The grounds on which this mythical theory is based are the following: (1) the fact of sun worship amongst the Canaanitish tribes, which is proved by the name Bethshemesh (House of the Sun), the name of a town in the neighbourhood of Zorah, the birthplace of Samson; (2) the fact that the objects in nature, which were worshipped, were commonly, if not universally personified the mythologies of Greece and Rome furnish striking illustrations; (3) the resemblance between Samson and the Grecian Hercules, who is generally regarded as to some extent a sun-myth; and (4) the name Samson, as coming from the Hebrew word Shemesh, which means the sun.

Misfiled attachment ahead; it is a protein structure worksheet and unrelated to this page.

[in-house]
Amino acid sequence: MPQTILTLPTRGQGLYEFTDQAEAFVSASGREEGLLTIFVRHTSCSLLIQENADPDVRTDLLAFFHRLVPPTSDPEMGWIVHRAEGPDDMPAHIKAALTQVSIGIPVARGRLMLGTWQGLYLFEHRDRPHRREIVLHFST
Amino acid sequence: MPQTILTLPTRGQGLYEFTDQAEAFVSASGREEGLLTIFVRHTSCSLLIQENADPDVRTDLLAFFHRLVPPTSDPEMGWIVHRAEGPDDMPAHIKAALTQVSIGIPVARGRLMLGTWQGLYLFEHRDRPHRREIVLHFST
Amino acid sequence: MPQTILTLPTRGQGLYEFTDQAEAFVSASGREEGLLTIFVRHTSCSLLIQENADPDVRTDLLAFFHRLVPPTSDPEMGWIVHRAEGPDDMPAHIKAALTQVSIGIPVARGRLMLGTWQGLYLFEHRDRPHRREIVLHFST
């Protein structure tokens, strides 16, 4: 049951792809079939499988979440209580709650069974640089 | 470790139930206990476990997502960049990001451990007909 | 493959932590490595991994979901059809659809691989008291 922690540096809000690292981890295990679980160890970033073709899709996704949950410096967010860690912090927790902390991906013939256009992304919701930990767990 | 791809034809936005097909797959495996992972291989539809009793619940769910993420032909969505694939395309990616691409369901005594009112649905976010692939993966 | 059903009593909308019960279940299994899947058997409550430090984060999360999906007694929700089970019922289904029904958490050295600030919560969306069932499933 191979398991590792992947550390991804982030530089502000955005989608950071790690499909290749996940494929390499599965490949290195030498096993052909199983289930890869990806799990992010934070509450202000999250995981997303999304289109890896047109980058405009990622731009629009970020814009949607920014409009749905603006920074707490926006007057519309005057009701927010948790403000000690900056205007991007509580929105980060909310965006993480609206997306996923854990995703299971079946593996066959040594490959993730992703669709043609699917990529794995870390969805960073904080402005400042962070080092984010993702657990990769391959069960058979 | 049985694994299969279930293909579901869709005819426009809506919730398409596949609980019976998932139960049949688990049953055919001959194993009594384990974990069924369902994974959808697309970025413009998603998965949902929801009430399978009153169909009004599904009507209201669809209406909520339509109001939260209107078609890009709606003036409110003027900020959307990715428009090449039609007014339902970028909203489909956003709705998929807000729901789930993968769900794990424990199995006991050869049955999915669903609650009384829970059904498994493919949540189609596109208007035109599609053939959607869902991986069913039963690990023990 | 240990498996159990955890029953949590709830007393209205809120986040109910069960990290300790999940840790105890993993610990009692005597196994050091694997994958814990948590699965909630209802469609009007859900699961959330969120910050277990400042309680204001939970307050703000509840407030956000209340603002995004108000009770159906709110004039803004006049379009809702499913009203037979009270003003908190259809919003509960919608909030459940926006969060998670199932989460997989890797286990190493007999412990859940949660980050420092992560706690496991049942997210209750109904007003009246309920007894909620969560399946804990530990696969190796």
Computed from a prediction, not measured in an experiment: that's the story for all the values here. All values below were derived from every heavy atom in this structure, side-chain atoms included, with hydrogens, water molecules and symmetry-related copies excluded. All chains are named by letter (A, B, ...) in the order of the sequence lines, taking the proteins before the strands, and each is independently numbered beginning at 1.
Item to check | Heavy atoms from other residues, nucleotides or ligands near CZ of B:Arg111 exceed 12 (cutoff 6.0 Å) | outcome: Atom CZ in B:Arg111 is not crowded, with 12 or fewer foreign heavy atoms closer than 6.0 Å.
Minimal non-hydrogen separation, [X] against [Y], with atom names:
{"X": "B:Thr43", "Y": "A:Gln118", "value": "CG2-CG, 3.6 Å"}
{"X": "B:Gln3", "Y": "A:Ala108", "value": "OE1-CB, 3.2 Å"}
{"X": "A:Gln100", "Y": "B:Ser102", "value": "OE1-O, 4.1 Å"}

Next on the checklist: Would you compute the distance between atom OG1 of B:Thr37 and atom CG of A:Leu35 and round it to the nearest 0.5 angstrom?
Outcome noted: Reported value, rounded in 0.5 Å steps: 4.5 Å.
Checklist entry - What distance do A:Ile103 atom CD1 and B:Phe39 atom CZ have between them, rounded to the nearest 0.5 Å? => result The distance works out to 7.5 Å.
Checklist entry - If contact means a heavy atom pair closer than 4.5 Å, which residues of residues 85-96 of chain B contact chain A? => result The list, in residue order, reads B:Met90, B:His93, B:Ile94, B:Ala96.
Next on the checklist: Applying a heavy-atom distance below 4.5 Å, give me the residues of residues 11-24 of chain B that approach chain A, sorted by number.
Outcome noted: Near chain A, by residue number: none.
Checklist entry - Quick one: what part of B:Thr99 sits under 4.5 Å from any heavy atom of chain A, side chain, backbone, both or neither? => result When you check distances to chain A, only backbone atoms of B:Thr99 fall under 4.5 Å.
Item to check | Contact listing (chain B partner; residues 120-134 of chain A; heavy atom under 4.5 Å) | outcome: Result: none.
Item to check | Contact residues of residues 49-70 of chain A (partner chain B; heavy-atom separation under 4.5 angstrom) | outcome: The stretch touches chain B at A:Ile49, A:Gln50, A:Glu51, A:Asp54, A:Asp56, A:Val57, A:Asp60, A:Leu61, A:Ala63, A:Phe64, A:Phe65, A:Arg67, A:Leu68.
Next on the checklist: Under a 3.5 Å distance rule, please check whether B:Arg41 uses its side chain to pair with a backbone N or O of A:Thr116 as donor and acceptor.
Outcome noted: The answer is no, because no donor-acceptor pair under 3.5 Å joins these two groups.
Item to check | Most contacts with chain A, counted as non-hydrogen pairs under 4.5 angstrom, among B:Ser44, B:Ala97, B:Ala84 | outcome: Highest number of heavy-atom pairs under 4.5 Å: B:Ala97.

Now, much stress cannot be laid on the name Samson, as its derivation is confessedly doubtful, although the derivation relied on seems the most likely; and as little stress can be laid on the resemblance between Samson and the Grecian Hercules.  To make Samson the hero of twelve labours like Hercules is to strain the narrative, and compels us to number amongst them the taking of honey out of the dead lion, which was an ordinary act, and the up-springing of the water [Page 233] at Ramath Lehi, which is ascribed in the narrative to God, and not to Samson.  Besides, the feats of Samson are in general unlike the twelve labours of Hercules.  The only one in which there is a striking resemblance, is Samson’s first feat of slaying the lion on the way to Timnah, with nothing in his hand, which corresponds to the first labour of Hercules, viz., the strangling of the Nemean lion. And with regard to this one striking point of resemblance, it is not unlikely that the fame of Samson’s feat gave rise to the fabled feat of Hercules.* With regard to the two other points of the evidence, it may be frankly admitted that there might he sun-worshippers and sun-myths amongst the Canaanites in the days of Samson. But with every desire to give the highest value to the evidence, I cannot help thinking that it furnishes but a very slender foundation on which to build such an elaborate and ponderous structure as the mythical theory of Samson.  There are two reasons which lead me to think that it rests on a foundation of sand.